Life in the USA vs that in Europe


My late friend, the London-based architect Ayyub Malik, often critisized me for sounding too American in my attitude towards life. He told me to stop trying to optimise and be a go getter. Just sit back and have some slack. Relax. These were not his exact words, but I concluded that’s what he disapproved of. The fast pace of life, the competitiveness, and the 24 by 7 existence was what he wanted to avoid when he turned down that job in Chicago many years before he met me.

Bekkers Duo with Ayyub Malik and Mayor of London Ealing, 30 May 2003

Bekkers Duo with Ayyub Malik and Mayor of London Ealing, 30 May 2003

Now that I’ve lived outside the USA for more than a decade, and in particular, on continental Europe for most of the past decade, I daresay that I have absorbed some of that European attitude, especially when compared to the way I was. I’m not sure if going to the USA will bring it all back.

I notice the differences when I converse with newly arrived Americans.

They are surprised that they can’t get from A to B by car. I patiently tell them that they can hop on a bus (which seems very foreign) or cycle (which requires renting a bicycle or buying one). “I’ll walk,” they say. But they forget what distances are when they are not used to walking.

American students complain of a lack of flexibility and attentiveness of Dutch administration. Having studied in the USA, I do admit that American universities do a much better job of ensuring new students are provided for. They certainly don’t need to sweat for accommodation after they arrive. It’s all taken care of BEFORE they arrive. It’s almost as if their needs are anticipated before they are voiced. In the Netherlands, I learned that if you don’t ask, you won’t get it. Those were the exact words of a student administrator at the Dutch conservatory where I studied for four years.

I explain the recycling rules. Americans that have lived in Germany nod in understanding. Those that haven’t think it’s novel to separate your waste into different compartments: paper, plastic, glass, refundable glass or plastic bottles, compost, and real trash. It does require getting used to. It does take up extra space before the weekly collection or trip to the depot.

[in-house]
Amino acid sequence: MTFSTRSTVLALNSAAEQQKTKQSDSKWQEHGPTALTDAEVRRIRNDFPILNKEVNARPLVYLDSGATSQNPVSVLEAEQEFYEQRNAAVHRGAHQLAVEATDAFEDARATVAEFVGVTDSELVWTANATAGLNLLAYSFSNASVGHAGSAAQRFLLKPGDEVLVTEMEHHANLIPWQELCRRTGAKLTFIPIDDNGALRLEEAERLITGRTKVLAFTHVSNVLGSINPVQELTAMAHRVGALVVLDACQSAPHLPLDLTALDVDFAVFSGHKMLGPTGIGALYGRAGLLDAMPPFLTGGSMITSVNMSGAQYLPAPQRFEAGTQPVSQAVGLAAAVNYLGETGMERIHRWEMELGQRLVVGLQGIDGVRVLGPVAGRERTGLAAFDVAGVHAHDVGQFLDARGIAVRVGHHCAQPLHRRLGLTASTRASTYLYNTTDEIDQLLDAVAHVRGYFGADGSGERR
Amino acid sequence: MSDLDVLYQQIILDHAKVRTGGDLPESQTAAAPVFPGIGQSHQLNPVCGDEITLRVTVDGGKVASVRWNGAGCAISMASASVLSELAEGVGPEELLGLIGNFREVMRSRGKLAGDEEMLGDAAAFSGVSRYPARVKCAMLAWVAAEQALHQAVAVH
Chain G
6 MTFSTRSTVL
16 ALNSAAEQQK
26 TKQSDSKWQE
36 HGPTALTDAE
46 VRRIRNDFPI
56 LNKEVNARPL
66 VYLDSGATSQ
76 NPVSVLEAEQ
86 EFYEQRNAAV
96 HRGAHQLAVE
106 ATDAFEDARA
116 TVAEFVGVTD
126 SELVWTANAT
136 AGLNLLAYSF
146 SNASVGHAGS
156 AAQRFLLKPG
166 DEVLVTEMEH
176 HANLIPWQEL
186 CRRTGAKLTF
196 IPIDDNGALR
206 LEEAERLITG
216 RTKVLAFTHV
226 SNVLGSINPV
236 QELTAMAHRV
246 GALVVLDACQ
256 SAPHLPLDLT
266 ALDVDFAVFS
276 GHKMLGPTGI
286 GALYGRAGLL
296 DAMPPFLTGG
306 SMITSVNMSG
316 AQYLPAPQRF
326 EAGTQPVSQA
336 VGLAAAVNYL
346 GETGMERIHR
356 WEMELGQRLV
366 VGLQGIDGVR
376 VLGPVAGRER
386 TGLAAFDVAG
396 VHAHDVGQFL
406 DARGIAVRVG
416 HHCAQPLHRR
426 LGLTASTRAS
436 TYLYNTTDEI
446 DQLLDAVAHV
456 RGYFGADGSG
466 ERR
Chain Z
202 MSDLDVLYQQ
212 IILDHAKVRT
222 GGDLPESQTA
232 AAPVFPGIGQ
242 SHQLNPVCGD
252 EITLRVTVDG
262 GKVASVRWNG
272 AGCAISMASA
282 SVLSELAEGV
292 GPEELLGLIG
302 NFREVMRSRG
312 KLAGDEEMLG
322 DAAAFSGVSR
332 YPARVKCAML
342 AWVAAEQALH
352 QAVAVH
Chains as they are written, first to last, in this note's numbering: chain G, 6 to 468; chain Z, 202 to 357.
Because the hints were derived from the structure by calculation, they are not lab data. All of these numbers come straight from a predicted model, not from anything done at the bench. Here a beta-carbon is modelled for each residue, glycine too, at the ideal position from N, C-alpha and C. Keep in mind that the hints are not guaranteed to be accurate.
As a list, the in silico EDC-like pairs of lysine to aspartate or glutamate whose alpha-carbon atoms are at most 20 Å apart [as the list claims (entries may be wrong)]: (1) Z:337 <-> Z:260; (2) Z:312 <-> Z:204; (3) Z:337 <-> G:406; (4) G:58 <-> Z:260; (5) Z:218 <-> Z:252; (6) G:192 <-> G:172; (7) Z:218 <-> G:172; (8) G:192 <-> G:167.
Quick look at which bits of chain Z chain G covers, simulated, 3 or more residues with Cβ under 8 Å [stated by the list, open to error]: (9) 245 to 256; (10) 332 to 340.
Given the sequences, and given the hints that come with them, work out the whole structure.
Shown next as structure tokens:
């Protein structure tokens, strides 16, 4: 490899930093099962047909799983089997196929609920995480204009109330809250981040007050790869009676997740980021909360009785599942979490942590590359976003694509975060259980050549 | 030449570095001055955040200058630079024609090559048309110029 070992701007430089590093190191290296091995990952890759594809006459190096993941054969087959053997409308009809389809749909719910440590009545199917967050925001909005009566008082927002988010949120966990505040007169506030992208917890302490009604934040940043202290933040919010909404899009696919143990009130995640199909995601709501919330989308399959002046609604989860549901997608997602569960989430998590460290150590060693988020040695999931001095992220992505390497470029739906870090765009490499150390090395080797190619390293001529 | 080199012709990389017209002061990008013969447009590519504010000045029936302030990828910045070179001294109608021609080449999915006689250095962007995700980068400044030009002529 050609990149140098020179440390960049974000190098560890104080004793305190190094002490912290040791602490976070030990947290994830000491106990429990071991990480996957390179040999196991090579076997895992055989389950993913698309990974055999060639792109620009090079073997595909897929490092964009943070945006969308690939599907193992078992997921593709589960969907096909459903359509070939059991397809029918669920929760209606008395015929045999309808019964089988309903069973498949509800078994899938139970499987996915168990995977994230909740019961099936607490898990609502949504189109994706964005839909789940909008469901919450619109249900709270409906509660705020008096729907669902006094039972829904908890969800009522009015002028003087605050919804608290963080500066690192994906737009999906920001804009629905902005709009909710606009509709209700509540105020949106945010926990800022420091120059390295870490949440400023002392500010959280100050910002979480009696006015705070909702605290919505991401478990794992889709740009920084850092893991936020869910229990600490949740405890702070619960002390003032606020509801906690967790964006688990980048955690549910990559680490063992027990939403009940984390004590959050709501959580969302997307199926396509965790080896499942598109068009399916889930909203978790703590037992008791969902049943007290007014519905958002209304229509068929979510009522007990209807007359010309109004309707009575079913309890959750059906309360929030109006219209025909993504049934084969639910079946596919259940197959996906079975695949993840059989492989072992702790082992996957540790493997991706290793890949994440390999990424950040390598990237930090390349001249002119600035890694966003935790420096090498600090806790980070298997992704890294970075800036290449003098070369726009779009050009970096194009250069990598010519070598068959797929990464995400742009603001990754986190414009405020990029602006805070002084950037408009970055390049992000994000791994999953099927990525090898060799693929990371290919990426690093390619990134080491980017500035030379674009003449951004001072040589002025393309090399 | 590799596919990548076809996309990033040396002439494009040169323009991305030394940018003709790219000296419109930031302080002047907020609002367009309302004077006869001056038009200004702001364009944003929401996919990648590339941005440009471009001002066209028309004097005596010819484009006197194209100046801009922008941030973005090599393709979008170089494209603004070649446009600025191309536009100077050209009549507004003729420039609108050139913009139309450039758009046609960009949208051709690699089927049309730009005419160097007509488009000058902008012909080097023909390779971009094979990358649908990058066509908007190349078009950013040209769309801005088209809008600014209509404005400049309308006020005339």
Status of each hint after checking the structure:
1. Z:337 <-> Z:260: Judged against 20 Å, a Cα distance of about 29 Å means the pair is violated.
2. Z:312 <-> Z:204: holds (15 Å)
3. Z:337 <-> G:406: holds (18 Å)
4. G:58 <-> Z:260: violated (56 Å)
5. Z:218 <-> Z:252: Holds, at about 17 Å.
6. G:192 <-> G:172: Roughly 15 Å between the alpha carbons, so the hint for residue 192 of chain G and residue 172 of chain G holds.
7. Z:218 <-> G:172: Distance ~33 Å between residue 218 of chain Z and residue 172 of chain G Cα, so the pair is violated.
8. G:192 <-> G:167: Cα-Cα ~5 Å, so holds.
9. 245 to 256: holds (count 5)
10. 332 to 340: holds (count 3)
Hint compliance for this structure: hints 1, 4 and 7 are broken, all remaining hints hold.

I warn them to get their grocery shopping done before end of day Saturday. Unless it’s the first Sunday of the month, expect all stores to be closed and not reopen until Monday 11 am. Restaurants are even worse. I have starved myself trying to find outdoor seating on a warm summer’s evening, only to be turned away at 10 pm that the kitchen has closed. In some smaller towns the restaurants close at 9 pm. [This happened in Doorn on a Friday evening in July.]

One Dutch-American observed that the Dutch seem so much more organised than the Americans. “There are rules for everything, and the Dutch abide by the rules,” he said. On the flip side, the Dutch are not as flexible or spontaneous as the Americans. You could say that the way of dealing with uncertainty is different: rules vs flexibility.

As I plan how to travel from our upcoming concert in Newton, Massachusetts on 22nd October 2010 to the next one in Hampton, Connecticut on 23rd October, I’m amazed that no public transportation is adequate. “You’ll have either get someone to give you a lift,” advised an American friend, “or rent a car.”

Thank goodness gasoline prices in America are not $8 per gallon as we pay here in the Netherlands!

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Filed under articles, culture, planning, travel

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